Everybody feels, or at least MANY, that they need a "big block" motor to make the car worth having.. The "more is better" orientation. BUT what gets lost in that thinking is that a LA motor can do the exact same things, just not as quickly. NOT to forget how much easier it is to change plugs on a LA motor than ANY B/RB engine, period. My '80 Newport was the first 360 engine I'd had. When I pulled the spark plugs to see what they were and how they were burning, My Craftsman ratchet, extension, and spark plug socket headed for each plug like it was a heat-seeking rocket! Much different that on my 383s, of either the '66, '67, or '70 model years.
And with that B/RB weight not over the front wheels, turn-in and general handling can be a bit better, too.
You might THINK you miss the torque of the B/RB engine, but at what cost? Do you really need to be somewhere 15 seconds quicker? While saving money on fuel, at the same time?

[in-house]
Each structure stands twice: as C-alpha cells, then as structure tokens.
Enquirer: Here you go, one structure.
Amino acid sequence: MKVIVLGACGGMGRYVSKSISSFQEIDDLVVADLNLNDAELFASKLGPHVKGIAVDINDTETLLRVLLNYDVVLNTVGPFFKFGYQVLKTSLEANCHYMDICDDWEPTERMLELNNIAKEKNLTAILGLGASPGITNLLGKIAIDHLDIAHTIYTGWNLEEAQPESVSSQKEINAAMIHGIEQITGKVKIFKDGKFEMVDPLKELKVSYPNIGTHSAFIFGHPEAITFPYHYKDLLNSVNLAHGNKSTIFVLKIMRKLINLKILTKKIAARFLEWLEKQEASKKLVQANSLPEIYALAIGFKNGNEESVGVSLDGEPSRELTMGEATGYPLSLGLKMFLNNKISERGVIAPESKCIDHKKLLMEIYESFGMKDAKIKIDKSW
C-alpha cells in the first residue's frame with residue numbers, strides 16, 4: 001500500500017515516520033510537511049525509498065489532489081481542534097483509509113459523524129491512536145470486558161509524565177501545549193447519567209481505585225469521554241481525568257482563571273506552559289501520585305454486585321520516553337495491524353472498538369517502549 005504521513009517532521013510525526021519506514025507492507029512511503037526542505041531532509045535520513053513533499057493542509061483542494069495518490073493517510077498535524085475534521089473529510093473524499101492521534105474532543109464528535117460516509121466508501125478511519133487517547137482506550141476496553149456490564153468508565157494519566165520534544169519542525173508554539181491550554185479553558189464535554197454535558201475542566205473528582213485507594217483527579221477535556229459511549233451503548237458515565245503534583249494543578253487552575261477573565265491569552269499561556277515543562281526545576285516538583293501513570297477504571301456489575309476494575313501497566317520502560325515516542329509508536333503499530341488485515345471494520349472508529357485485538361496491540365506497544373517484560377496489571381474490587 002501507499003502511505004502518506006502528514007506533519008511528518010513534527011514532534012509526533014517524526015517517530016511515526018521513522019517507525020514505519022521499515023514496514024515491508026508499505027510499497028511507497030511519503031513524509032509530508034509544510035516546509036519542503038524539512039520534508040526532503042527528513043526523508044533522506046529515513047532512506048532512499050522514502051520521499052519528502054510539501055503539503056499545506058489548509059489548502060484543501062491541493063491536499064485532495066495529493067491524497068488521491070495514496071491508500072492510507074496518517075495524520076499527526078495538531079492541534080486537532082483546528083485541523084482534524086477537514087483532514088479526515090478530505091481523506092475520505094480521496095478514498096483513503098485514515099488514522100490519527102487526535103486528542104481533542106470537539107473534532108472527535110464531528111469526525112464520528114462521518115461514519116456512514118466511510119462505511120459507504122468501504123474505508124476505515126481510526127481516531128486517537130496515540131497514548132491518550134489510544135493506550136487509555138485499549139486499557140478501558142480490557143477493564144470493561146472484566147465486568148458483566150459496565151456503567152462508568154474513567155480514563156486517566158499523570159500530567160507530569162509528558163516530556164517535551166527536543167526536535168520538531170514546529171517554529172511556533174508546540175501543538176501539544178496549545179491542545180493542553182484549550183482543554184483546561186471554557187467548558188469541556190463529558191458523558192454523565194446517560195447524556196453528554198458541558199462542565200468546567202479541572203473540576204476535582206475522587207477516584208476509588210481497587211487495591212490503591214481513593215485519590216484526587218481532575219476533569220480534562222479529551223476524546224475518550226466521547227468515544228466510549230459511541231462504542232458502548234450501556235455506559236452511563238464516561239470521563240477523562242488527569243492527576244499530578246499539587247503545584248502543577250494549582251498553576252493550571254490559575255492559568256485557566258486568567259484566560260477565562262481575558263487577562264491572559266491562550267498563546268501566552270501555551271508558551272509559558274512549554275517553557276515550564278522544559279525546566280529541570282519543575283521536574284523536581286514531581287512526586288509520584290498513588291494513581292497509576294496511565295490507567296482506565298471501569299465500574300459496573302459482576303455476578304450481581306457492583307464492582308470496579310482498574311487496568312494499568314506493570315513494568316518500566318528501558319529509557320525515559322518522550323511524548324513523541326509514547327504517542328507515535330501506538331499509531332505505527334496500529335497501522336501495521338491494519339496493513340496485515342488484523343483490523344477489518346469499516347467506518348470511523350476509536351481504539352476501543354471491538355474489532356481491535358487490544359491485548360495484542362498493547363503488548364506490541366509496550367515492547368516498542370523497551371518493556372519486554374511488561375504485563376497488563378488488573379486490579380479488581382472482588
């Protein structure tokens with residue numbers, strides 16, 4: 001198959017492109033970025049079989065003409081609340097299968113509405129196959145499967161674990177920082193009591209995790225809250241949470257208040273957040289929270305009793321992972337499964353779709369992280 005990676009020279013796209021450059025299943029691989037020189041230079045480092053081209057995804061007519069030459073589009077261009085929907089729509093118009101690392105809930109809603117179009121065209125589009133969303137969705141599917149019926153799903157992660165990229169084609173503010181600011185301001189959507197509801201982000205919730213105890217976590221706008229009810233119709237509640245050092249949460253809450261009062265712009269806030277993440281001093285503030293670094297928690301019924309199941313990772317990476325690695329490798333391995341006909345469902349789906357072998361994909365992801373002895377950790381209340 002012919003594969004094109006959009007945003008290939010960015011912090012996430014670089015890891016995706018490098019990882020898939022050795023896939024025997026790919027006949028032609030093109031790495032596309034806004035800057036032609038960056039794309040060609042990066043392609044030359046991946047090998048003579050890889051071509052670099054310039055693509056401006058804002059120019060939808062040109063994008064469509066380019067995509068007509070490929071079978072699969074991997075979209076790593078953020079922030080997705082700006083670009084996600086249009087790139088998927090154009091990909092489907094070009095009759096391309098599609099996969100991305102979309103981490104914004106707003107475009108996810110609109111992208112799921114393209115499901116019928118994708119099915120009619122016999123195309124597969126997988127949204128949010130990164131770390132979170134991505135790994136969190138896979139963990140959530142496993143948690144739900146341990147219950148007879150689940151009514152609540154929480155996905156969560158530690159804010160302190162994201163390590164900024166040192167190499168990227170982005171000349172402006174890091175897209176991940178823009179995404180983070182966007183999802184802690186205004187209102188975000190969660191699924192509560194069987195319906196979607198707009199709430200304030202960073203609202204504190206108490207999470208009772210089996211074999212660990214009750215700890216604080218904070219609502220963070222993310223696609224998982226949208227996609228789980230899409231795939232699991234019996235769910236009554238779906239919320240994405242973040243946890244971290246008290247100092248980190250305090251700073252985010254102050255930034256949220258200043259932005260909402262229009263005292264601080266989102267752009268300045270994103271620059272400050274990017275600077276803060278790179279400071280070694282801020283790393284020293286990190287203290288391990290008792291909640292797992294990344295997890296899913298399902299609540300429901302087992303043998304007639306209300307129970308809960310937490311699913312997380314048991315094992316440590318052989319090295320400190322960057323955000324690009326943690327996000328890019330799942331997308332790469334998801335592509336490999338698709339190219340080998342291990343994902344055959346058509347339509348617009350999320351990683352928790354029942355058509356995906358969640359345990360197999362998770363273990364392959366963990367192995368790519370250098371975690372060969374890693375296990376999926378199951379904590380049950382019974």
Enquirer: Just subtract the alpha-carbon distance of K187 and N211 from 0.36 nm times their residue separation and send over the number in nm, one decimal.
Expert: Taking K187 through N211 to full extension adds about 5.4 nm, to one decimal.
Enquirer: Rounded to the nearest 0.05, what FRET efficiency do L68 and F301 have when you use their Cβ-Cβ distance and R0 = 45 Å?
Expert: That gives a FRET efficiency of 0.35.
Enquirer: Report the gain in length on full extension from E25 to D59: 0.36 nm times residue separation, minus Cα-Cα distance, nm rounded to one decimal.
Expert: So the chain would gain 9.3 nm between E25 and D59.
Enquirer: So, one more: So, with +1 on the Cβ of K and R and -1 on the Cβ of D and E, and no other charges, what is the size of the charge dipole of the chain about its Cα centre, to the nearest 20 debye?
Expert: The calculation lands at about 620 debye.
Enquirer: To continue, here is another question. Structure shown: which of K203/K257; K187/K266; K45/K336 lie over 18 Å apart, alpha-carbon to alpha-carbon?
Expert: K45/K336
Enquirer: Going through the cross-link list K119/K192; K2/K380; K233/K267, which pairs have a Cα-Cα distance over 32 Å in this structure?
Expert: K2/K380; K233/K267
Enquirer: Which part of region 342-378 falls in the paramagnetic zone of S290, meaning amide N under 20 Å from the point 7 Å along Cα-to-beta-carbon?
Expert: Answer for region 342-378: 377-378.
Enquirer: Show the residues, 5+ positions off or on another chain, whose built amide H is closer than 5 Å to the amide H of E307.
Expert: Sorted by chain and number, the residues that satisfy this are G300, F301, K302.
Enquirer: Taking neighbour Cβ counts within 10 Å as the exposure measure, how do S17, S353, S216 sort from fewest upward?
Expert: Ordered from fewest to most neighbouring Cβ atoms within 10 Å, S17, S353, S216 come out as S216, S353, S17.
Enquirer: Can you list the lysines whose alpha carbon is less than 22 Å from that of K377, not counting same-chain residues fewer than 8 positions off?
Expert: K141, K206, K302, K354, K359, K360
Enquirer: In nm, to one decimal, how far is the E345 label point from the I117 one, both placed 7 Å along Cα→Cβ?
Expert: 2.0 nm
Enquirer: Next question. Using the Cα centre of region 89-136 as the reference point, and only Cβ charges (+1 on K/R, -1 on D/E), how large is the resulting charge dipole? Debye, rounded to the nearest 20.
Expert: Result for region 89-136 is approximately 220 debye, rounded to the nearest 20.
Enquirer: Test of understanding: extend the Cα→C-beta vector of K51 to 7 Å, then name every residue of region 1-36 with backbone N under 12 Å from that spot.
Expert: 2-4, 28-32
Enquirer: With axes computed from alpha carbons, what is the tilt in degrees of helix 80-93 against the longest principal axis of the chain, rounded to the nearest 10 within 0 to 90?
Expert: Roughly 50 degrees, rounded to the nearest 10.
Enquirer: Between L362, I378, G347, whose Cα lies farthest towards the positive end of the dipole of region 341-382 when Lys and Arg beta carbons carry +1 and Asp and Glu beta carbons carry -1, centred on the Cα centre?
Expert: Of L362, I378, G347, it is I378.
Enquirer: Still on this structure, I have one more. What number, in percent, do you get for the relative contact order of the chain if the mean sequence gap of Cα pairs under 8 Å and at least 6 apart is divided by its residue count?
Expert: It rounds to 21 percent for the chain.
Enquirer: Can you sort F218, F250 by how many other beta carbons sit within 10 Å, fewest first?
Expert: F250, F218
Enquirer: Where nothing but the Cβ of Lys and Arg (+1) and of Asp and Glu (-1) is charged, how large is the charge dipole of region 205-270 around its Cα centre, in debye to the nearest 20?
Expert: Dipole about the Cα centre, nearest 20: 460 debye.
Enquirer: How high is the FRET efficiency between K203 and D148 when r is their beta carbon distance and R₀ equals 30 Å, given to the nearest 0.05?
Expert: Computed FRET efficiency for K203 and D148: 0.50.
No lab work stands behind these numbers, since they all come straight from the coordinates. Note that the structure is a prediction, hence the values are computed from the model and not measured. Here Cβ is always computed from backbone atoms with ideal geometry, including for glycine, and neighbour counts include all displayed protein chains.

I suspect you'll be much happier with your "deal" if you just get it running and driving as well as it can be. Then maybe a bit of paint work, even if it's just to get rid of the surface rust and look decent. Mechanicals first, cosmetics as possible. Enjoy ALL the time!
As a side note, your friends/relatives will probably think more of you getting it running/driving well and driving it. Rather than immediately "trying to make it better" with a bigger motor. Change ONE thing, like the motor and it results in a mountain of other things that need to be changed to make it work right. Not like changing a Camaro from a 305 to a 350, by any means!
Back in the later '80s, Dick Landy was our guest at our annual North Loop Dodge Performance Team shows. In the seminar which followed, he stated that unless you were going to go "440", go with a LA motor. That sounded unusual, but when considered, a stroker 360 will be at or past the size of 383cid, in a lighter-weight engine of greater power. The 904 can be beefed/upgraded to handle the additional power/torque while not absorbing as much horsepower as a 727 does, too. End result, more power, lighter weight, and more "power to the ground". What's wrong with that? With quicker/easier spark plug changes!